Markow v. Southwest Airlines Co.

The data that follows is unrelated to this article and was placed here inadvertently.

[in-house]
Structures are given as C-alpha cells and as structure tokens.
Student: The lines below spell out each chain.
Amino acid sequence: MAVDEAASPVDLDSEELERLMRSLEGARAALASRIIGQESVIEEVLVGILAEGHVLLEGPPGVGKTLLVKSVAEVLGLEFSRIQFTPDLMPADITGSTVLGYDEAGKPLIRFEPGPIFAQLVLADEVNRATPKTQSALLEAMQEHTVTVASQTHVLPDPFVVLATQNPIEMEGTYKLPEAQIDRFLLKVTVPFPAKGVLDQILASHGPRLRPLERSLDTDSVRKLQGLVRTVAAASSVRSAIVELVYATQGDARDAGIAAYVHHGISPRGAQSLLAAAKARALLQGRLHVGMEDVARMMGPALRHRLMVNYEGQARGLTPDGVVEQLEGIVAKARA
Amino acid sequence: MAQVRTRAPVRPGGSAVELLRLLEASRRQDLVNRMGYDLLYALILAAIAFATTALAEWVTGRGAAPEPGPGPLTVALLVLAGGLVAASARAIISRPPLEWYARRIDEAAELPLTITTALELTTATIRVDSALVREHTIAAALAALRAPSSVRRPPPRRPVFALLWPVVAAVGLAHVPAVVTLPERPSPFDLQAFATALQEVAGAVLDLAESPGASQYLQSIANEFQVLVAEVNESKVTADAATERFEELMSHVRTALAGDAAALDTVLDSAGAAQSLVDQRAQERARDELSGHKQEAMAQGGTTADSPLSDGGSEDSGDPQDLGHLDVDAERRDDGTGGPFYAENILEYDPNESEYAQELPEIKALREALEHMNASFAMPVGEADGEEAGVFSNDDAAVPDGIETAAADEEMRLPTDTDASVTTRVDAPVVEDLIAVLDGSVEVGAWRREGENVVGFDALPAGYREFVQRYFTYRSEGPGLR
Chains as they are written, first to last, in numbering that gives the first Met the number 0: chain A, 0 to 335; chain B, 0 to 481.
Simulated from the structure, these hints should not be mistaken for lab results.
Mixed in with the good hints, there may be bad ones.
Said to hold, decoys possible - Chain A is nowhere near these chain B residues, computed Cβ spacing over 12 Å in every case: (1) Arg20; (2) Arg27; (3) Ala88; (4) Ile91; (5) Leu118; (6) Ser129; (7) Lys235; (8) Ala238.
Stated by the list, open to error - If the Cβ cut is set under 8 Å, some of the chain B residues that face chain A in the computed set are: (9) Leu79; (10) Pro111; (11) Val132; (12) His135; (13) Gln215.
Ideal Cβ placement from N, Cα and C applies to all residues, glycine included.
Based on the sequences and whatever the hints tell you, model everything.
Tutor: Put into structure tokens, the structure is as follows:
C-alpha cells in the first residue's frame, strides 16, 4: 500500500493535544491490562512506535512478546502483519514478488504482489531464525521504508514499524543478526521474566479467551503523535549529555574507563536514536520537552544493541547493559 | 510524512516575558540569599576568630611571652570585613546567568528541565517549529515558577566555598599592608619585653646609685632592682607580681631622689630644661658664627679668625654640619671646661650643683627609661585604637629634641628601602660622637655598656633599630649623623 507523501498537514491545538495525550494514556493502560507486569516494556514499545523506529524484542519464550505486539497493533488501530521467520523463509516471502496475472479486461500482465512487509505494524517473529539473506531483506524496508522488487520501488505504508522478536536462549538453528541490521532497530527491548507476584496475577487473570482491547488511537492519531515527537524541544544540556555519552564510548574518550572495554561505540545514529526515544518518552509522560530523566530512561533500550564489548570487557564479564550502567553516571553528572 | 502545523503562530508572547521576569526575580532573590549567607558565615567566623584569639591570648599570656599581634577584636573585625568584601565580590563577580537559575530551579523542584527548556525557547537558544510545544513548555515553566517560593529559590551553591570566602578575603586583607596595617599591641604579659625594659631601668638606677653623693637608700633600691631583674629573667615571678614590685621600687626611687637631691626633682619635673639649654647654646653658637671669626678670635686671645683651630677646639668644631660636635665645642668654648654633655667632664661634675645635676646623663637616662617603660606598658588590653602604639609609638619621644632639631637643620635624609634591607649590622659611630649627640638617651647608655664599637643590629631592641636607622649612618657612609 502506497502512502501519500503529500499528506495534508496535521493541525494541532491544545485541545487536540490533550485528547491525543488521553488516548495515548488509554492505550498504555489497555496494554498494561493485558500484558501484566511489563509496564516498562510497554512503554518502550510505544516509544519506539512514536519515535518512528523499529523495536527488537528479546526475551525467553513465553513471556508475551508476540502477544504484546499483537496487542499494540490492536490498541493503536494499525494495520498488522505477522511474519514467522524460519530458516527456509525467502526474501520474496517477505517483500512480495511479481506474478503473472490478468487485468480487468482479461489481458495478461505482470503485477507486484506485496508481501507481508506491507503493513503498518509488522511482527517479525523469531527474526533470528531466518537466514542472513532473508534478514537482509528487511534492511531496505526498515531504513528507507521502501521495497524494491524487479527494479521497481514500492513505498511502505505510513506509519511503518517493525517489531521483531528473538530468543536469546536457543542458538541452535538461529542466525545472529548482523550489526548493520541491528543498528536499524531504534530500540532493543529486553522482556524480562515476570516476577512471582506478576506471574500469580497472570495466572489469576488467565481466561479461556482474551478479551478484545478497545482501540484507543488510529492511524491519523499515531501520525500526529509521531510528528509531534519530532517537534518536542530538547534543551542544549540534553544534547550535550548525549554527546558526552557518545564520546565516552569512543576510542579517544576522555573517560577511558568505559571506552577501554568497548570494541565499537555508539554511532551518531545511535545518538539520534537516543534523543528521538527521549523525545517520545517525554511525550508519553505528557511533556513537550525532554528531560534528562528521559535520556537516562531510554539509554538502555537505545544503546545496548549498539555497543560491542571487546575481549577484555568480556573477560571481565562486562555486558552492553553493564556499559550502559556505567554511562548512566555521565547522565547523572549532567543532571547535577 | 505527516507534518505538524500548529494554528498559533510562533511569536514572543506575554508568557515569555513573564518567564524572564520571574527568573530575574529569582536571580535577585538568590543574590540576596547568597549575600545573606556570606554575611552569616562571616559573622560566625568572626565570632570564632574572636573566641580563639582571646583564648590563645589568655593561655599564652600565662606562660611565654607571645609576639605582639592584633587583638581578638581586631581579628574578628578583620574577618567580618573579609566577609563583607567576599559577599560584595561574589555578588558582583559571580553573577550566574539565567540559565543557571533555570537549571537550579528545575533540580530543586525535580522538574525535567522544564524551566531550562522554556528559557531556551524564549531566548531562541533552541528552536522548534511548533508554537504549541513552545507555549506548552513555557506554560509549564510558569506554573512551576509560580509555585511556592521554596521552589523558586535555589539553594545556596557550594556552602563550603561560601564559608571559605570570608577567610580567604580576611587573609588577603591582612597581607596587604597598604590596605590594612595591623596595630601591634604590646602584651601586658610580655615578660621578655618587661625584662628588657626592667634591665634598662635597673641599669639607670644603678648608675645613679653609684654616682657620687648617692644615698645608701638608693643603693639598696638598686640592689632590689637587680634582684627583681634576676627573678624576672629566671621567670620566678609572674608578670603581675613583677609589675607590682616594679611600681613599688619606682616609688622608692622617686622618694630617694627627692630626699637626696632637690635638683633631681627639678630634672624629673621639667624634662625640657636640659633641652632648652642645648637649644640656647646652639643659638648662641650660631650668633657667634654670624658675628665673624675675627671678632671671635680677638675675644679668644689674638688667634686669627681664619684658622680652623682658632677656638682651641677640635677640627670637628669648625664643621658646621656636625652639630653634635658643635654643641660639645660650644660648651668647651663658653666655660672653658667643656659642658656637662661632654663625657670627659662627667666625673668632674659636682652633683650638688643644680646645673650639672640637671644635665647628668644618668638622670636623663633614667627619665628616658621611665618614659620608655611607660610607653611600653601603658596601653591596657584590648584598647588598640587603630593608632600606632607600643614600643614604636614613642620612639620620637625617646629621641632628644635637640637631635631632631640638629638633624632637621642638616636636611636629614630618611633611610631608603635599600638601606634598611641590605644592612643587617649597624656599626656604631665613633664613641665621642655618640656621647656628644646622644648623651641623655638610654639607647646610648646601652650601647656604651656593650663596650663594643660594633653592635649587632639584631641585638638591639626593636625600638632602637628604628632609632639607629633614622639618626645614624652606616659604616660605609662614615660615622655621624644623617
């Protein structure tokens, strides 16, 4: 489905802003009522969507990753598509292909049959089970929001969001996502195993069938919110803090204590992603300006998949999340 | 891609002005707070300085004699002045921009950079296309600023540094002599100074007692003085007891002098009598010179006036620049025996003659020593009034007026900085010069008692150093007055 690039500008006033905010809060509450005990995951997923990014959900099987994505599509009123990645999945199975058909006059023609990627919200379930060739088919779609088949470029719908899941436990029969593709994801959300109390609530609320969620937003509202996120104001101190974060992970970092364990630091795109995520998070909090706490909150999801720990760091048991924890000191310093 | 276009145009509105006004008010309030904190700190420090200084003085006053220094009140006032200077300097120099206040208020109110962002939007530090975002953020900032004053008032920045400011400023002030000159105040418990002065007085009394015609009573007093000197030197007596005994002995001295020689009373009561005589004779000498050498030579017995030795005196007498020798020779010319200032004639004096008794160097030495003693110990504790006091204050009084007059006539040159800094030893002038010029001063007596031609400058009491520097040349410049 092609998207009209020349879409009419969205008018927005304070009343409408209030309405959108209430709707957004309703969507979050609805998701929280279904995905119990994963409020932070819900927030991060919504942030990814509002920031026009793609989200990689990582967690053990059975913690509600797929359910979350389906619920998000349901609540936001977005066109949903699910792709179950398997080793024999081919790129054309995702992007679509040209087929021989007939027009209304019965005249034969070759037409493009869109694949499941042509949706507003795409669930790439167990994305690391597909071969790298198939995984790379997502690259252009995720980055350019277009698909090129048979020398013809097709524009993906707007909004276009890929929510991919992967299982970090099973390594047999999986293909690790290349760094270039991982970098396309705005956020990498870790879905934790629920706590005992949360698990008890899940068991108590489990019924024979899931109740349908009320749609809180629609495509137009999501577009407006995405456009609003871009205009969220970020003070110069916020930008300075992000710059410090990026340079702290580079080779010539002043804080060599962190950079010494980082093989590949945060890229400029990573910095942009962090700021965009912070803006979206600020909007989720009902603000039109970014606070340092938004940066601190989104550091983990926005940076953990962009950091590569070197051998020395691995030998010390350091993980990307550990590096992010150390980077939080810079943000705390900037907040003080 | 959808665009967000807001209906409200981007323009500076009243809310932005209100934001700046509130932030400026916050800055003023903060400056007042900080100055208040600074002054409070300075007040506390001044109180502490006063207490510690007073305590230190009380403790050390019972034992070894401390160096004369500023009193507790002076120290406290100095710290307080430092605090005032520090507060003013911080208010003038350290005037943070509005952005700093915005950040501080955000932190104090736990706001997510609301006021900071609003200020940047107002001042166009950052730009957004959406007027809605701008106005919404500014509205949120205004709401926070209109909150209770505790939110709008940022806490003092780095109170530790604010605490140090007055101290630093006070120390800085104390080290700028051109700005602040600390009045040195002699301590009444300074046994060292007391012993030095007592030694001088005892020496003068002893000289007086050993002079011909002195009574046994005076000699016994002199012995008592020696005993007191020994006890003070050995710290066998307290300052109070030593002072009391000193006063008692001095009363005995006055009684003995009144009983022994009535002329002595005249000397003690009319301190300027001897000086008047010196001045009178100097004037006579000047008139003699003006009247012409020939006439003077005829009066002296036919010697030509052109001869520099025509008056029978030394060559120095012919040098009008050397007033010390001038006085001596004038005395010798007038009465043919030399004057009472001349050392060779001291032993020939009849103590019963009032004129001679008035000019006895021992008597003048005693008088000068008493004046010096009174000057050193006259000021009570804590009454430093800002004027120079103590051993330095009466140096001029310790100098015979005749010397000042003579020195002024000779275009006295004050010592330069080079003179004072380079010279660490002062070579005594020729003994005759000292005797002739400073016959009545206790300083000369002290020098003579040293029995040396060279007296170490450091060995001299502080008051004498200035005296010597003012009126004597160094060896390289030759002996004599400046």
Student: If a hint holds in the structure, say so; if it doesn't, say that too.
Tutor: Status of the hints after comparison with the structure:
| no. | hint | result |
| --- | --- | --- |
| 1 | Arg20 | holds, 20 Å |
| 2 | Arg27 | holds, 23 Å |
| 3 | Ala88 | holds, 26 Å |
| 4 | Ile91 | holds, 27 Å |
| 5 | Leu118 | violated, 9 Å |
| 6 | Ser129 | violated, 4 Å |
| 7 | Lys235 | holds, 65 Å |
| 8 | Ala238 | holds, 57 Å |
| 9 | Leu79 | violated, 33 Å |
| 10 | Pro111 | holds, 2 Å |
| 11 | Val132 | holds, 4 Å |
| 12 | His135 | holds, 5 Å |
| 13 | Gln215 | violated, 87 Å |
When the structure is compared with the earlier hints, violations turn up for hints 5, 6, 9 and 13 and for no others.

A class action stemming from Southwest’s decision to stop honoring drink vouchers for “business select” customers settled with the customers receiving replacement vouchers. The Seventh Circuit affirmed, holding that 28 U.S.C. 1712, the Class Action Fairness Act, allowed the court to award class counsel (Siprut) attorney fees ($1,365,882) based on the lodestar method rather than the value of the redeemed vouchers. On remand, Siprut sought supplemental fees. For its work on the motion to amend the fee award and the prior appeal, The court called the number of hours requested “grossly excessive,” stating that counsel was trying to reach “some of the originally hoped‐for $3,000,000 that Southwest agreed not to oppose.” The court awarded $455,294 plus expenses, then vacated so that the class would receive notice. In exchange for dismissal of an appeal, by objector Markow, Siprut agreed to take $227,647 plus $3,529.68 in expenses; Southwest agreed to issue two additional vouchers for each one claimed. The court was notified that the number of vouchers claimed under the original settlement was less than one-third what the parties earlier indicated and approved the new settlement. Southwest distributed the vouchers and paid Siprut. Markow then unsuccessfully moved for $80,000 in attorney fees and an incentive award of $1,000 from Siprut’s fee award. The Seventh Circuit reversed. Unless the parties to a class action settlement, including objecting parties, expressly agree otherwise, settlement agreements should not be read to bar objectors from requesting fees for their efforts in adding value to a settlement. View "Markow v. Southwest Airlines Co." on Justia Law